Nurse and sociologist Jamie Smith reflects on an event held by the Centre for Nursing Philosophy at UC Irvine on Speculative ethics and care
In October 2023, our emerging research group made up of nurses, sociologists and activists hosted a thought-provoking event on speculative ethics in healthcare. Bringing together scholars from nursing, technology studies, and religious studies, the event sparked discussion on how speculative ethics can help us reimagine (health)care.
The dominant framework for health-related ethics is biomedical ethics, which relies on four key principles: autonomy (making decisions over our own health), non-maleficence (healthcare providers should do no harm), beneficence (acting in or for the benefit of the patient), and justice (equitable access to care and resource distribution). Whilst important, the biomedical approach can be rigid and narrowly focused, overlooking broader ethical questions and the circumstances from which they arise. At our event, we explored speculative ethics as an alternative.
What is Speculative Ethics?
Speculative ethics draws on feminist, critical posthumanist, and Indigenous knowledges to pay attention to care, relationality, and pluralism.
Speculative ethics diverges from the abstract, principle-based approach of biomedical ethics by foregrounding care and relationships (de La Bellacasa, 2017). It also draws on feminist theory, which recognises that ethics emerges through hands-on caring processes, not just top-down rules and guidelines (Braidotti, 2015; Lloyd, 2020). Speculative ethics sees care as an ongoing practice of nurturing mutual flourishing, aligning with feminism’s emphasis on interconnection and contextual nuance.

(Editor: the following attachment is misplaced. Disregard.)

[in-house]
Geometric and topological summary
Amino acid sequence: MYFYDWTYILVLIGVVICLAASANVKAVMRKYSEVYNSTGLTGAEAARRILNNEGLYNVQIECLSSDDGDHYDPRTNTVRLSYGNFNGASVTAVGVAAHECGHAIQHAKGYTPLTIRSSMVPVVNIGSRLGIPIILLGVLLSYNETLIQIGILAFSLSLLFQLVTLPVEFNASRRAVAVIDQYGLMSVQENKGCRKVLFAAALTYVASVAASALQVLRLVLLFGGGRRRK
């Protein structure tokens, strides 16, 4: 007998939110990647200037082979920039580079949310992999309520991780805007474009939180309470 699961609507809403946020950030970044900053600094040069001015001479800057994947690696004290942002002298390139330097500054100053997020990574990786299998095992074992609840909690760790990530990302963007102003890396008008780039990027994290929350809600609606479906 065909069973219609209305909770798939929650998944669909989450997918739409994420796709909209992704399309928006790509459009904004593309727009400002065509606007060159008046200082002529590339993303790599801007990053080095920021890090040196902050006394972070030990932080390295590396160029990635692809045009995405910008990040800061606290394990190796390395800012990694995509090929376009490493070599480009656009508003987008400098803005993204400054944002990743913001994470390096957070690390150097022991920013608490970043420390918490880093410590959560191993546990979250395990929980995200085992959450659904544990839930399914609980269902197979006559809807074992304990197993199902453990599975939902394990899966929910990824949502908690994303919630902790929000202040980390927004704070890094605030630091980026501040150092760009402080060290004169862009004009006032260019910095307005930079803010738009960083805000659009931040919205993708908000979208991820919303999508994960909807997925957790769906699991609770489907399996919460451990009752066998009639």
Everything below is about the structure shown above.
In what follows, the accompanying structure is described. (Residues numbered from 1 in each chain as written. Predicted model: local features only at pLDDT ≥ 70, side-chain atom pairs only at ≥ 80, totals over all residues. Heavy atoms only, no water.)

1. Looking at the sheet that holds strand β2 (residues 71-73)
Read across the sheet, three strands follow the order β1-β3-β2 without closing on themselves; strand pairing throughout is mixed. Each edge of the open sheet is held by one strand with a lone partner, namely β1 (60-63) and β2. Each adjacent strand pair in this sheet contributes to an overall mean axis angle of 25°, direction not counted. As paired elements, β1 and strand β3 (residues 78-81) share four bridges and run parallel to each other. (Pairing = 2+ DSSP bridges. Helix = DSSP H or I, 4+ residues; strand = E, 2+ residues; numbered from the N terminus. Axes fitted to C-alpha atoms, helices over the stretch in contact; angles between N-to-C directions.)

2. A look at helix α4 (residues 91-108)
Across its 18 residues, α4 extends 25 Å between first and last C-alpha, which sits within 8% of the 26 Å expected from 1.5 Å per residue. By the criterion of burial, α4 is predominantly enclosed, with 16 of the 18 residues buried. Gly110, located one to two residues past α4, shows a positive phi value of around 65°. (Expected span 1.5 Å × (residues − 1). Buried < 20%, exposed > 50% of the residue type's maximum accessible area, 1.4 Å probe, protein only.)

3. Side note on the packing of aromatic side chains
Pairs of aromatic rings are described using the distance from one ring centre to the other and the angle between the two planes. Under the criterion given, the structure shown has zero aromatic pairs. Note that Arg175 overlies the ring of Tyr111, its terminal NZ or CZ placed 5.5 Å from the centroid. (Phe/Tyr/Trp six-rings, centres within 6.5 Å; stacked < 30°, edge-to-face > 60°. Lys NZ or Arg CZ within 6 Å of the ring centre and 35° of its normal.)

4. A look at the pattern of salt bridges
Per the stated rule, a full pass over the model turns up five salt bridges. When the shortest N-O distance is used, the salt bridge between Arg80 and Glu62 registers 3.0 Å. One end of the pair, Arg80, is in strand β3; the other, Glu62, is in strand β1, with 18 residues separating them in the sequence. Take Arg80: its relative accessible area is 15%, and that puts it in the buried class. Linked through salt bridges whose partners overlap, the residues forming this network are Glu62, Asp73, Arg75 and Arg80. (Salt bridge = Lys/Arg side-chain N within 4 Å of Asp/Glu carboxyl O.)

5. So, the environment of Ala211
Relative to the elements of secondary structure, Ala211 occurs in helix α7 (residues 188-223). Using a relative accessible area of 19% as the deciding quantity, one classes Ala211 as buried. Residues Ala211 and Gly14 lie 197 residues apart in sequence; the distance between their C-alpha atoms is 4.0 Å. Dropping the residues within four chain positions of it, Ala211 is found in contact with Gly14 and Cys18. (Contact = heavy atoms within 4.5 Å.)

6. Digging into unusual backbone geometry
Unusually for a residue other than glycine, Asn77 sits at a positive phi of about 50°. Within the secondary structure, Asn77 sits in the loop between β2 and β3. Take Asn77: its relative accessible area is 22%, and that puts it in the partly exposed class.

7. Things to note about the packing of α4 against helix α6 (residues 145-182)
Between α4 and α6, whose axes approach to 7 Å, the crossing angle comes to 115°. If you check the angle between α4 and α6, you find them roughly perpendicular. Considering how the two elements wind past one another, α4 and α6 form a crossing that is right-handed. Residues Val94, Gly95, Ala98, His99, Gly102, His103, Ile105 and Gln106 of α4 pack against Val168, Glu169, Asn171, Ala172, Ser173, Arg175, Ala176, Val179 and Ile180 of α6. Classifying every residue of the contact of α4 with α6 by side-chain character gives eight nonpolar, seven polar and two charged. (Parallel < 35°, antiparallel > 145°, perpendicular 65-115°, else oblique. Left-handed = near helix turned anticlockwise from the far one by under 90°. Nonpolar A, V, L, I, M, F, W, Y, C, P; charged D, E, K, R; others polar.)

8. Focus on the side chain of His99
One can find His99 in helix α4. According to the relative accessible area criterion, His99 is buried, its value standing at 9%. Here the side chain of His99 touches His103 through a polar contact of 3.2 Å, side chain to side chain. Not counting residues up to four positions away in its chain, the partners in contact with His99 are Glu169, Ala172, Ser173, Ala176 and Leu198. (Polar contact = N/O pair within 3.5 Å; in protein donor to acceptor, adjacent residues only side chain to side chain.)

Critical posthumanism challenges the Western liberal notion of a unified, coherent, rational self at the centre of ethical deliberation (Braidotti, 2019). Instead, it proposes that the human self extends beyond the individual body, entangled with other beings and technologies in complex networks. This resonates with Indigenous worldviews that reject atomistic individualism and see the human, natural, and spiritual worlds as profoundly interrelated (Haraway, 2016). Reflecting these theoretical view points, speculative ethics also values pluralism, recognizing that diverse cultures and knowledge systems can produce multiple valid ontologies-or ways of being- simultaneously. There is no single “correct” worldview.
Lastly, speculative ethics focuses on situated, embodied knowledge. It rejects the colonial notion of a detached, neutral vantage point from which to make ethical pronouncements. Rather, ethics emerges from embedded locations, shaped by particular relationships and contexts.
In other words, speculative ethics integrates central concerns from feminist, Indigenous, and posthumanist thought to reimagine ethical care as a situated, relational practice responsive to marginalized perspectives and multiple ways of knowing. This provides a critical counterpoint to mainstream biomedical ethics.